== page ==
Toba was a supervolcano that unleashed a catastrophic eruption some 74,000 years ago, ejecting millions of cubic miles of ash into the atmosphere, triggering a global winter that lasted for years. Ash from the Toba supervolcano has been detected as far as Africa, the continent least affected by the eruption.
Today’s Toba caldera was formed by the fusion of 4 volcanic craters, giving rise to a massive caldera 100km by 30km. After volcanic activity had died down, the extinct supervolcano began to collect water in the caldera, forming the Lake Toba that we know today.
Most people who visit Lake Toba would spend their time frolicking along the lakeside. Staying at upmarket lakeside resort means plenty of noisy water sports. I decided that the trip cannot be complete without a panoramic view for a full appreciation of the amazing forces of Mother Nature.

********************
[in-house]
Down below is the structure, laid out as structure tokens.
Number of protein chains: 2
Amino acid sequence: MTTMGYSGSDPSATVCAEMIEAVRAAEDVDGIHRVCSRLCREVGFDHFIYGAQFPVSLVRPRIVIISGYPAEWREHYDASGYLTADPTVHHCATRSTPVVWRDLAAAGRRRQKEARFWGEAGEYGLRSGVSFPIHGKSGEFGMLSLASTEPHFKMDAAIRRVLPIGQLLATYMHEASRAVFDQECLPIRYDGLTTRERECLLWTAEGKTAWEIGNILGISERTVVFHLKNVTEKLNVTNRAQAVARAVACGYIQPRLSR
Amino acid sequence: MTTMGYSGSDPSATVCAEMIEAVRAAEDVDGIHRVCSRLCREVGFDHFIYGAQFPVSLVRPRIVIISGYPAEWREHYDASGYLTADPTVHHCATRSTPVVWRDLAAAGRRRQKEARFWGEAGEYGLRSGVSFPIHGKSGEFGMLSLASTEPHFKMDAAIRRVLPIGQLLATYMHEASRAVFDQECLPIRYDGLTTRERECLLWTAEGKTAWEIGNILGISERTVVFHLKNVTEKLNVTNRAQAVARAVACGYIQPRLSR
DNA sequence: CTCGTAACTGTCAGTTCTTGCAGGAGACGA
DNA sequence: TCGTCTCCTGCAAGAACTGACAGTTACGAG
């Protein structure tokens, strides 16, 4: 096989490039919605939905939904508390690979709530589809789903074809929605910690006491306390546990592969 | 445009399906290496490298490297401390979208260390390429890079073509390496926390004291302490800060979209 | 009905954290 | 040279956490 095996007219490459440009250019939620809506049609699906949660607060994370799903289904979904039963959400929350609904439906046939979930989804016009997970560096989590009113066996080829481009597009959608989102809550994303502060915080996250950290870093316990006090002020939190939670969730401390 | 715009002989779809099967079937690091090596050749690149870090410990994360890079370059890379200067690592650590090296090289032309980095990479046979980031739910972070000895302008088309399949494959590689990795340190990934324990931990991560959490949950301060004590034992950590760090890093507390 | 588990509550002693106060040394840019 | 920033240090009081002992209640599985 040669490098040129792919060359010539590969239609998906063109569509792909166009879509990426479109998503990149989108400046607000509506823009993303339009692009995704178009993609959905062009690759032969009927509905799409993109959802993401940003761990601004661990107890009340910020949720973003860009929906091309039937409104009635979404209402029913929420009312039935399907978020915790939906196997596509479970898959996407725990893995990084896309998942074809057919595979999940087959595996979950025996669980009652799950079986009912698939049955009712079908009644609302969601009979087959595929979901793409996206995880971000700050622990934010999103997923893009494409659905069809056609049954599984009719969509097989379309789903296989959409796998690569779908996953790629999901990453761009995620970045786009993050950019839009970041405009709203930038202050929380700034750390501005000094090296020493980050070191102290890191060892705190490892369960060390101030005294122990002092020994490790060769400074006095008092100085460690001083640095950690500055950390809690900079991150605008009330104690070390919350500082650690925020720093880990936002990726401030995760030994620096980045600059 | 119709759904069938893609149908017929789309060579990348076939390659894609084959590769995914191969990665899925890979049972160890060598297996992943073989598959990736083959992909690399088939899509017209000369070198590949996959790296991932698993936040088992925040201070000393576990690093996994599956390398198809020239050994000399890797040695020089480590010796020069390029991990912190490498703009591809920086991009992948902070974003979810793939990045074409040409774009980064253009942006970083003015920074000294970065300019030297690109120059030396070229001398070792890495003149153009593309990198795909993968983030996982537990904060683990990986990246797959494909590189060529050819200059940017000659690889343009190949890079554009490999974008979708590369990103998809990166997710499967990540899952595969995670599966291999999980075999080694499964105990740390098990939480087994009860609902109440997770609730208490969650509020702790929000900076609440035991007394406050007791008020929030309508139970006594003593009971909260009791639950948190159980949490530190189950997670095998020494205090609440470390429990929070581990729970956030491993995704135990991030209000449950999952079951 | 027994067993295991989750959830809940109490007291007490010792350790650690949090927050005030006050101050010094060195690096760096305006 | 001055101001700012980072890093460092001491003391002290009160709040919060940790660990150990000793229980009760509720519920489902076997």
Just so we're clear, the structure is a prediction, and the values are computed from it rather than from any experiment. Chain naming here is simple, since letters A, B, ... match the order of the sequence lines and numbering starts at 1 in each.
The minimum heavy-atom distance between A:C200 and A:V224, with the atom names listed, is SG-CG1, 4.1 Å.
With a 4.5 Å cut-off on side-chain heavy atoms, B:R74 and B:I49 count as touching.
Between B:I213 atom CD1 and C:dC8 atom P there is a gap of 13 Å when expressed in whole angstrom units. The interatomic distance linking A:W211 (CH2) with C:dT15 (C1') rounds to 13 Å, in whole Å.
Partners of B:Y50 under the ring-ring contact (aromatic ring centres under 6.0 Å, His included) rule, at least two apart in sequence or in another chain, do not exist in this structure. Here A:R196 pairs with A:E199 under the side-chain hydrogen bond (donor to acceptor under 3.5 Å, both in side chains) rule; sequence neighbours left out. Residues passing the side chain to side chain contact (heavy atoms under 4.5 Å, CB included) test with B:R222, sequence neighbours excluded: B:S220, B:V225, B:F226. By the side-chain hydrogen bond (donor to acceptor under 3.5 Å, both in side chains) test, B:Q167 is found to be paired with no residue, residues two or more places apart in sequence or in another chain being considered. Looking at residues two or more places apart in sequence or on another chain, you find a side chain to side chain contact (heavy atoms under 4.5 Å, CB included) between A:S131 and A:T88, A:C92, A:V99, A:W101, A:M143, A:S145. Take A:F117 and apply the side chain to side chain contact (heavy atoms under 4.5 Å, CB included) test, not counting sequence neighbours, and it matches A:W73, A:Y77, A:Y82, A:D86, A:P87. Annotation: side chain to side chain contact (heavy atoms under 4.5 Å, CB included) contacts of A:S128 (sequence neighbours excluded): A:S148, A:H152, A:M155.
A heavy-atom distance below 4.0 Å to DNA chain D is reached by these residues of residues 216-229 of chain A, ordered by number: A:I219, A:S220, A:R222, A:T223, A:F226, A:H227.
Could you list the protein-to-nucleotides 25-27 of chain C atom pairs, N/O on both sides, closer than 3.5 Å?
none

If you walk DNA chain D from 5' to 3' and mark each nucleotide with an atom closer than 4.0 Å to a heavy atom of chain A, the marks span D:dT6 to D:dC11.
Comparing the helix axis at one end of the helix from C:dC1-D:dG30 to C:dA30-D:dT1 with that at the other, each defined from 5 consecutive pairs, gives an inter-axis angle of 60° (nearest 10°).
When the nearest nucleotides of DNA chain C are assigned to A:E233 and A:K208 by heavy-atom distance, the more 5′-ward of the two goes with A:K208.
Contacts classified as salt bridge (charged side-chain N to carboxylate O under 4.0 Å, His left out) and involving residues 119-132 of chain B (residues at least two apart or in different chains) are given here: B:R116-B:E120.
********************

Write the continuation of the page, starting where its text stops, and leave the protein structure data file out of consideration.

A new airport at Salangit is just 2 hours’ drive to Parapat – the main port for departures to Samosir Island. The east coast of the island is the main tourist area. The drive from Medan here takes about 5 hours. From the airport at Medan to Lake Toba, it may only take 4 hours.
On this trip, we approached Simalem on the northern aspect of the caldera overlooking Lake Toba. It’s thus inconvenient to approach from Silangit. We went through Berastagi to arrive at Simalem. From Simalem, it’s a long drive to Tuk Tuk on the east coast of Samosir. We returned to Medan from Lake Toba via the more conventional route.
In 2016, a study revealed that the Toba Supervolcano has a magma chamber containing 50,000 km2 of eruptible magma, about 30–50 km underground. The most recent eruption may have been at Tandukbenua on the northwestern caldera edge, suggested by a lack of vegetation that could be due to an eruption within the last few hundred years. Vulcanologists should be able to predict future major eruptions should Toba decides to come back to life.